What’s open and what’s not after Hurricane Florence

What’s open and what’s not after Hurricane Florence

WILMINGTON, NC (WECT) - Six months after Hurricane Florence, southeastern North Carolina continues to fight back day by day.

Chuck Pennington is the owner of The Verandas, a Wilmington bed and breakfast he has run for two decades. The building took a huge hit with 20 inches of rain during the height of the storm.

“There’s a little light at the end of the tunnel, just a little,” says Pennington. “When the workers start painting, then I know I’ll be over the hump.”

Keeping track of what’s open and what’s not isn’t easy for the the Wilmington and Beaches Convention and Visitors Bureau, which has been trying to keep a running tab on its website.

“I think it’s less than 10 percent now, looking at the numbers that we track,” says Director Kim Hufman. “That doesn’t include private properties. They’ve really been harder to gauge. We’ve been working with our private companies with vacation rentals and agencies so it’s hard to track how much of their inventory is still down."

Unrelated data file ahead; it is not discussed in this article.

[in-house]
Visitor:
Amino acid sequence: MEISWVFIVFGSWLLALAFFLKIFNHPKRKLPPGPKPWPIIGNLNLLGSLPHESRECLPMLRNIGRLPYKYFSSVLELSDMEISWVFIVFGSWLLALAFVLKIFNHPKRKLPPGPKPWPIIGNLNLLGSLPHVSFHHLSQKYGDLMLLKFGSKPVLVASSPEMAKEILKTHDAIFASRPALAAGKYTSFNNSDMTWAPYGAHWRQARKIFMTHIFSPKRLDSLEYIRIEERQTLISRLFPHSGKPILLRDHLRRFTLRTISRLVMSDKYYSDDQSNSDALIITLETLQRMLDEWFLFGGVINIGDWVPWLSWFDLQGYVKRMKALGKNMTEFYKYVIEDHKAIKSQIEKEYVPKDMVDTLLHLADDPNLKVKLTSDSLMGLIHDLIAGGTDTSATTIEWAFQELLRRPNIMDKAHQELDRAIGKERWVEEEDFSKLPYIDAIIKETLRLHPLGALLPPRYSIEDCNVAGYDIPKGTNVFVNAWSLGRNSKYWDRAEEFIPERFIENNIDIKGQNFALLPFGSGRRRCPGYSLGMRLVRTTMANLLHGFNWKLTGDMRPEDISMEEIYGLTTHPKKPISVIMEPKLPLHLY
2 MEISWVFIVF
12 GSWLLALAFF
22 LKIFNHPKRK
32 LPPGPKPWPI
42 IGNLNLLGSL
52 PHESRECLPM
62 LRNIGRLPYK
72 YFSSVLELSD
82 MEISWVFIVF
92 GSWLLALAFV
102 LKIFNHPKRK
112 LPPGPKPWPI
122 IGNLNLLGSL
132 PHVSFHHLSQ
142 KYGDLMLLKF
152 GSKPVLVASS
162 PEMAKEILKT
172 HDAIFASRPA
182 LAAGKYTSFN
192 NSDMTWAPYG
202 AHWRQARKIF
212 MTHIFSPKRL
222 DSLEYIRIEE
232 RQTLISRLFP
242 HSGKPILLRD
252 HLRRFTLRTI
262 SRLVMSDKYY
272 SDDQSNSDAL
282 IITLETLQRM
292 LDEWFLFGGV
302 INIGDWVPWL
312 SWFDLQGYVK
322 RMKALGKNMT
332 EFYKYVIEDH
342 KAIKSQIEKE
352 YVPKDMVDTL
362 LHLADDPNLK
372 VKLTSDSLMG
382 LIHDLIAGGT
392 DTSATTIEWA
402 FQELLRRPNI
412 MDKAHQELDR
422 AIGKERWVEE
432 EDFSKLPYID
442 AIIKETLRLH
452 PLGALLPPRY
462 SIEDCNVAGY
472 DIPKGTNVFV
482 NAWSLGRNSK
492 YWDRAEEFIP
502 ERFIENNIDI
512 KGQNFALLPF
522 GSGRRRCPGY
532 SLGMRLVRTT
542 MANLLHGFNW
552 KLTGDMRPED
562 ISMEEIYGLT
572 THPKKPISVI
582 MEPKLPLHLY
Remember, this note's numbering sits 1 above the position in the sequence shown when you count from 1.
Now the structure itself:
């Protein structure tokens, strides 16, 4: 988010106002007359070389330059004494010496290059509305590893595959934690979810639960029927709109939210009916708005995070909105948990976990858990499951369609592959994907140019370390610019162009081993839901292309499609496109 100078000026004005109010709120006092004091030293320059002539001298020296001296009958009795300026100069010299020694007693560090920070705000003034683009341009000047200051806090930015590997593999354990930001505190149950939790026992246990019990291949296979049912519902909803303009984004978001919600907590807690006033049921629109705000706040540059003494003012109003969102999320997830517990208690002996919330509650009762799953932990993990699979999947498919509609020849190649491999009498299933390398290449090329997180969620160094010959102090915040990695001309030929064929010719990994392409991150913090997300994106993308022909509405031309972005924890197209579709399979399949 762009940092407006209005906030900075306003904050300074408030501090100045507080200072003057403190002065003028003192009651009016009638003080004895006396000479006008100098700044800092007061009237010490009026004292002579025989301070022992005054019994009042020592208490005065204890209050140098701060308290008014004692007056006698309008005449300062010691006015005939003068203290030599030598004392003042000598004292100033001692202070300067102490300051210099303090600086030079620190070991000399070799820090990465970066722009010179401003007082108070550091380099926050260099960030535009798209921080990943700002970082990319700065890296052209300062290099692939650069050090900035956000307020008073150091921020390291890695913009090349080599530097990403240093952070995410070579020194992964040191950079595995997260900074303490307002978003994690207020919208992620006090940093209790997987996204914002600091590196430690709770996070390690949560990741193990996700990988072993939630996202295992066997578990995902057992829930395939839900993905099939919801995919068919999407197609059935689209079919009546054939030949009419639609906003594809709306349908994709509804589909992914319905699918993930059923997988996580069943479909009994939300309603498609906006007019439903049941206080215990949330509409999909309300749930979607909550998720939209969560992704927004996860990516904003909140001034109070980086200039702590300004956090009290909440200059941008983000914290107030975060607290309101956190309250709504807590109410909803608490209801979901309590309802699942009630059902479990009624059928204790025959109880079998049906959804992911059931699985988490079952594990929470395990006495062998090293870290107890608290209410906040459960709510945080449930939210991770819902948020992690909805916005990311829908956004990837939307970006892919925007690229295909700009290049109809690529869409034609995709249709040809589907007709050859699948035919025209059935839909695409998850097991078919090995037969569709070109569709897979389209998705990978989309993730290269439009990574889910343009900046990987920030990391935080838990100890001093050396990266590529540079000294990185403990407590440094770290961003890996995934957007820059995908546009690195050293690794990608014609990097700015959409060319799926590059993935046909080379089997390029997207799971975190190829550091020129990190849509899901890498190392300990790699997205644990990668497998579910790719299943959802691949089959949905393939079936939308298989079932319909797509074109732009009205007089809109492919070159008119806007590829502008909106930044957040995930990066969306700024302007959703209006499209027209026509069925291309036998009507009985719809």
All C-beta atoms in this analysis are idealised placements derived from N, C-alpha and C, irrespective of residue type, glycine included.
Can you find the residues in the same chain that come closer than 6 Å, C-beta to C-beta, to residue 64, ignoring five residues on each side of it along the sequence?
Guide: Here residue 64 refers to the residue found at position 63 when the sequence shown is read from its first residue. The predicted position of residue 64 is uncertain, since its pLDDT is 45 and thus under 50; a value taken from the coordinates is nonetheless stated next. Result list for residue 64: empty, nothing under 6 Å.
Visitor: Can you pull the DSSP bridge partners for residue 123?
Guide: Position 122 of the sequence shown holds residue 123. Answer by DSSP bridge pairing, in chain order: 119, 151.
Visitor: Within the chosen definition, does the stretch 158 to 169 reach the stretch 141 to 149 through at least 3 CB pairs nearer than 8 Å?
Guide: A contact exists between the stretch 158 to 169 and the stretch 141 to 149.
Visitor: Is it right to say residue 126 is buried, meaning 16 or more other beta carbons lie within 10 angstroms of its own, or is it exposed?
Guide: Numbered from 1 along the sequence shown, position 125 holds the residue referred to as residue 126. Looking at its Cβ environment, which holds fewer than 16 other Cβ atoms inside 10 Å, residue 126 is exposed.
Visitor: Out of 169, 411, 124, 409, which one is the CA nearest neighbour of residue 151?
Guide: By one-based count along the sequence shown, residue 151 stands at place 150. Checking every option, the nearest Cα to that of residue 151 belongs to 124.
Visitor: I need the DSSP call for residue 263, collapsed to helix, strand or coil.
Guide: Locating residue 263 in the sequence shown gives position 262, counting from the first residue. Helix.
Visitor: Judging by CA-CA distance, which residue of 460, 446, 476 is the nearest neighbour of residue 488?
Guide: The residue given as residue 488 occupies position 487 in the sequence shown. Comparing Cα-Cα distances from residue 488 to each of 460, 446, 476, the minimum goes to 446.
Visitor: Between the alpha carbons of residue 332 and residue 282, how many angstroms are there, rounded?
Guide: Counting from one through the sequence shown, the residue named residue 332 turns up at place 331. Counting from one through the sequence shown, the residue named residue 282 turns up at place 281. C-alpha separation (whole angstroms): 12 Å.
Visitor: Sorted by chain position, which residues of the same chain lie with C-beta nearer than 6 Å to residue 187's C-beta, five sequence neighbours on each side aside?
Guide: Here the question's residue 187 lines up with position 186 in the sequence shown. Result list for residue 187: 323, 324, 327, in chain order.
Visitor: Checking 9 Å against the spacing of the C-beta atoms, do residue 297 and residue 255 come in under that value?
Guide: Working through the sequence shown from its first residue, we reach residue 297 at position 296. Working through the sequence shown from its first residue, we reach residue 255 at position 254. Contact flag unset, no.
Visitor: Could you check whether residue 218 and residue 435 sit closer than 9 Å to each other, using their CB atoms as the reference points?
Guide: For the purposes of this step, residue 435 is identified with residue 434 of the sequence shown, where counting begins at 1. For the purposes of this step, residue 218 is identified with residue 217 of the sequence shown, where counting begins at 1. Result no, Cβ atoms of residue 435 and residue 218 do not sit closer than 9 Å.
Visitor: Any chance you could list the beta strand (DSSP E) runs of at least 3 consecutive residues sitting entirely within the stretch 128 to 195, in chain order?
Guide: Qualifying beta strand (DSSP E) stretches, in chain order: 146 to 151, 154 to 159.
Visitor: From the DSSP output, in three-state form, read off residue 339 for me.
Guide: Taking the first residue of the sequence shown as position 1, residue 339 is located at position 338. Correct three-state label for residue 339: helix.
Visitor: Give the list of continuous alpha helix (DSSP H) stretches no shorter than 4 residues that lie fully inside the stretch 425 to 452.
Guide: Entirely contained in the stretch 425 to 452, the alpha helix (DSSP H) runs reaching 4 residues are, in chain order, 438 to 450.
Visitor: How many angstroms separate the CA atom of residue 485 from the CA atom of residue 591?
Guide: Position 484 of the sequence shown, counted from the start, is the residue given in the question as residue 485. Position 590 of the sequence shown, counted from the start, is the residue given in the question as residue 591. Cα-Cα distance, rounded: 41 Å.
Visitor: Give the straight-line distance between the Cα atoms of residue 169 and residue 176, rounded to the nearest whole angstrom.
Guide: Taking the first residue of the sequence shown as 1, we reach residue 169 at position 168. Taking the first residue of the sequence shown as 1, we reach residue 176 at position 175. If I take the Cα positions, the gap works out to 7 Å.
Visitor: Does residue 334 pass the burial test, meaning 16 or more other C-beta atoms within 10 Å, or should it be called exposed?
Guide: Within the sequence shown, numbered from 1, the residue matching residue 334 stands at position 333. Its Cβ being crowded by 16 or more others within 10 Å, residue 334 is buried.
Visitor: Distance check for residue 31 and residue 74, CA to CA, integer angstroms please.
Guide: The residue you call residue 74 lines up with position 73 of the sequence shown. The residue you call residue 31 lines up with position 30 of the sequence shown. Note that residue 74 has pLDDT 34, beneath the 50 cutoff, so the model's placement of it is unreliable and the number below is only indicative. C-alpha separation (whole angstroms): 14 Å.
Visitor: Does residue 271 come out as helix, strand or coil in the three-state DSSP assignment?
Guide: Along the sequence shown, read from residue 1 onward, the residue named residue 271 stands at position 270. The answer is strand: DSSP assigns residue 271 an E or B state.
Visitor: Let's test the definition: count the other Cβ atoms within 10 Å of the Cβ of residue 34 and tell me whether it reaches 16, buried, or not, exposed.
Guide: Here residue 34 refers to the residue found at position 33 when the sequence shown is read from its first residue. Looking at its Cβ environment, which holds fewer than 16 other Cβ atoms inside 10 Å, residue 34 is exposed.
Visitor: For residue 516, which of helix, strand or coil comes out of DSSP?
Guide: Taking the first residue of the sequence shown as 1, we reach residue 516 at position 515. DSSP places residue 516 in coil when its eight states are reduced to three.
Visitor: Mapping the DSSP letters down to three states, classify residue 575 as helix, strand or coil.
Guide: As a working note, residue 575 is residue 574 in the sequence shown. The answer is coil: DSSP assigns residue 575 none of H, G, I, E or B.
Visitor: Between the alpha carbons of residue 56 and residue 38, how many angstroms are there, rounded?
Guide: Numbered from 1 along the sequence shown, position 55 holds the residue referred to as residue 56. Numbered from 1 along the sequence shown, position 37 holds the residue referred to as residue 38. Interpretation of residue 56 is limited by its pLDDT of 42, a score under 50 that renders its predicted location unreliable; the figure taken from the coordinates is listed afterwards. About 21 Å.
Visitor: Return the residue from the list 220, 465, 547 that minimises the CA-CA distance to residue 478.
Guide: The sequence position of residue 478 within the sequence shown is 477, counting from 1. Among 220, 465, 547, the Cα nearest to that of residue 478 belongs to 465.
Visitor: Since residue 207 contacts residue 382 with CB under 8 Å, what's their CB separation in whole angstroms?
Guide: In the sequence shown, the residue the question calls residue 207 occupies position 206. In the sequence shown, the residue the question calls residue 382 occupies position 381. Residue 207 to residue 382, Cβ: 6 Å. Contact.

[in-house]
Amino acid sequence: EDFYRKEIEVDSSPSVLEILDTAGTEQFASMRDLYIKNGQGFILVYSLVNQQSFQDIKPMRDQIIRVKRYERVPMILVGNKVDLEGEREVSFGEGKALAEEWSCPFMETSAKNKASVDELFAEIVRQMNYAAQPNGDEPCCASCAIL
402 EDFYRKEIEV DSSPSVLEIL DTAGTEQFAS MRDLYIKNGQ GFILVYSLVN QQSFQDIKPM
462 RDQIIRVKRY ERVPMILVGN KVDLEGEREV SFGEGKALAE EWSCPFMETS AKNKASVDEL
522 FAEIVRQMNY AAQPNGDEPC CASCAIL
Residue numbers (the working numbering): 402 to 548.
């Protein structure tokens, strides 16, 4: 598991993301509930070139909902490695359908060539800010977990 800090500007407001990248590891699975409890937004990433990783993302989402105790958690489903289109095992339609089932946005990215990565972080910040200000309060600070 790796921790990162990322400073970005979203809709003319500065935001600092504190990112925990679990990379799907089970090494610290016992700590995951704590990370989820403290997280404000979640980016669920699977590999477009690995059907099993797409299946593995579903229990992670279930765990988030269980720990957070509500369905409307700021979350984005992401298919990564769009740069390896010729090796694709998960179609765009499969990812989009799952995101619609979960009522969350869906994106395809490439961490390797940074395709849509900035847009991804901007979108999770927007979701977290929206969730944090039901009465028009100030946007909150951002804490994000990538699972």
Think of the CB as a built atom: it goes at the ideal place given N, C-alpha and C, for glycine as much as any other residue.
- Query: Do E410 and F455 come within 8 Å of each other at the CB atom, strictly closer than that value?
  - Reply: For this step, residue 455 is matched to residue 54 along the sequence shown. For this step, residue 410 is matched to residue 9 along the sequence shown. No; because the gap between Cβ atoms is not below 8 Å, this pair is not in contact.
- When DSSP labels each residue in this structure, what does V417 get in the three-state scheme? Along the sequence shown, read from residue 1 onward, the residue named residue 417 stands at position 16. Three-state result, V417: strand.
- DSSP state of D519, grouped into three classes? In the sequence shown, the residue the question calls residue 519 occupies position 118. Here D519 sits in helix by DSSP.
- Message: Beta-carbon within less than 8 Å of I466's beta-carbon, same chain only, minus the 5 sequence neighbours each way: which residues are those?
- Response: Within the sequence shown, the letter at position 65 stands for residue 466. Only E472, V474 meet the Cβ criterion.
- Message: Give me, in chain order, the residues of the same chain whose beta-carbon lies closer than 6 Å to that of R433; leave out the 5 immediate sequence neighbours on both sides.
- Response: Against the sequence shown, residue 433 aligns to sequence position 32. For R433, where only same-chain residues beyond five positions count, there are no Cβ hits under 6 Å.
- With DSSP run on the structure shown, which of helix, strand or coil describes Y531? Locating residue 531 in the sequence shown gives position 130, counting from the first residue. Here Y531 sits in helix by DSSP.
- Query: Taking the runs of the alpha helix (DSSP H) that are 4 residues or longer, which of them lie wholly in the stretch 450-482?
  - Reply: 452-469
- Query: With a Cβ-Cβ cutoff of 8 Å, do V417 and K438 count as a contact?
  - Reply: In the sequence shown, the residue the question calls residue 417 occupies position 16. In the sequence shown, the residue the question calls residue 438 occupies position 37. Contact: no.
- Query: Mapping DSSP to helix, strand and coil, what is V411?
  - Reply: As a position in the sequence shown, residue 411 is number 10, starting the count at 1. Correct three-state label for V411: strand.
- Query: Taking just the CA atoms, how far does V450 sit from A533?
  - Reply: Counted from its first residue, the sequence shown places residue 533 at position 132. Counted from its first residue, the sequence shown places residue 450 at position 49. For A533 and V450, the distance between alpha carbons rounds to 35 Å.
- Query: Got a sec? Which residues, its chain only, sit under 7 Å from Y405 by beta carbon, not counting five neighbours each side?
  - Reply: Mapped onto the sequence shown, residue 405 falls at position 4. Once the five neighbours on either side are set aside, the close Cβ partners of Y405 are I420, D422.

WECT has helped pass that information along, profiling businesses experiencing what we’re calling a Cape Fear Comeback.

In the last week, we’ve seen South Beach Grill in Wrightsville Beach reopen. On Friday, March 1, Shell Island Resort will have a soft opening after hurricane damage destroyed much of the first floor. In Carolina Beach, the Savannah Inn is hopeful it can reopen.

“The damage we incurred was extensive," Savannah Inn owner Susan Riggs said. "It took off the entire roof of the building and flipped it in the pool and dunes.”

Riggs hopes to be able to rent some rooms in one of the buildings spared by the storm.

Pennington hopes The Verandas will see its first guests sometime in May.

“We want to welcome people back to Wilmington and let them know we survived the storm," he said.

For more information on what’s open after the storm, click here.

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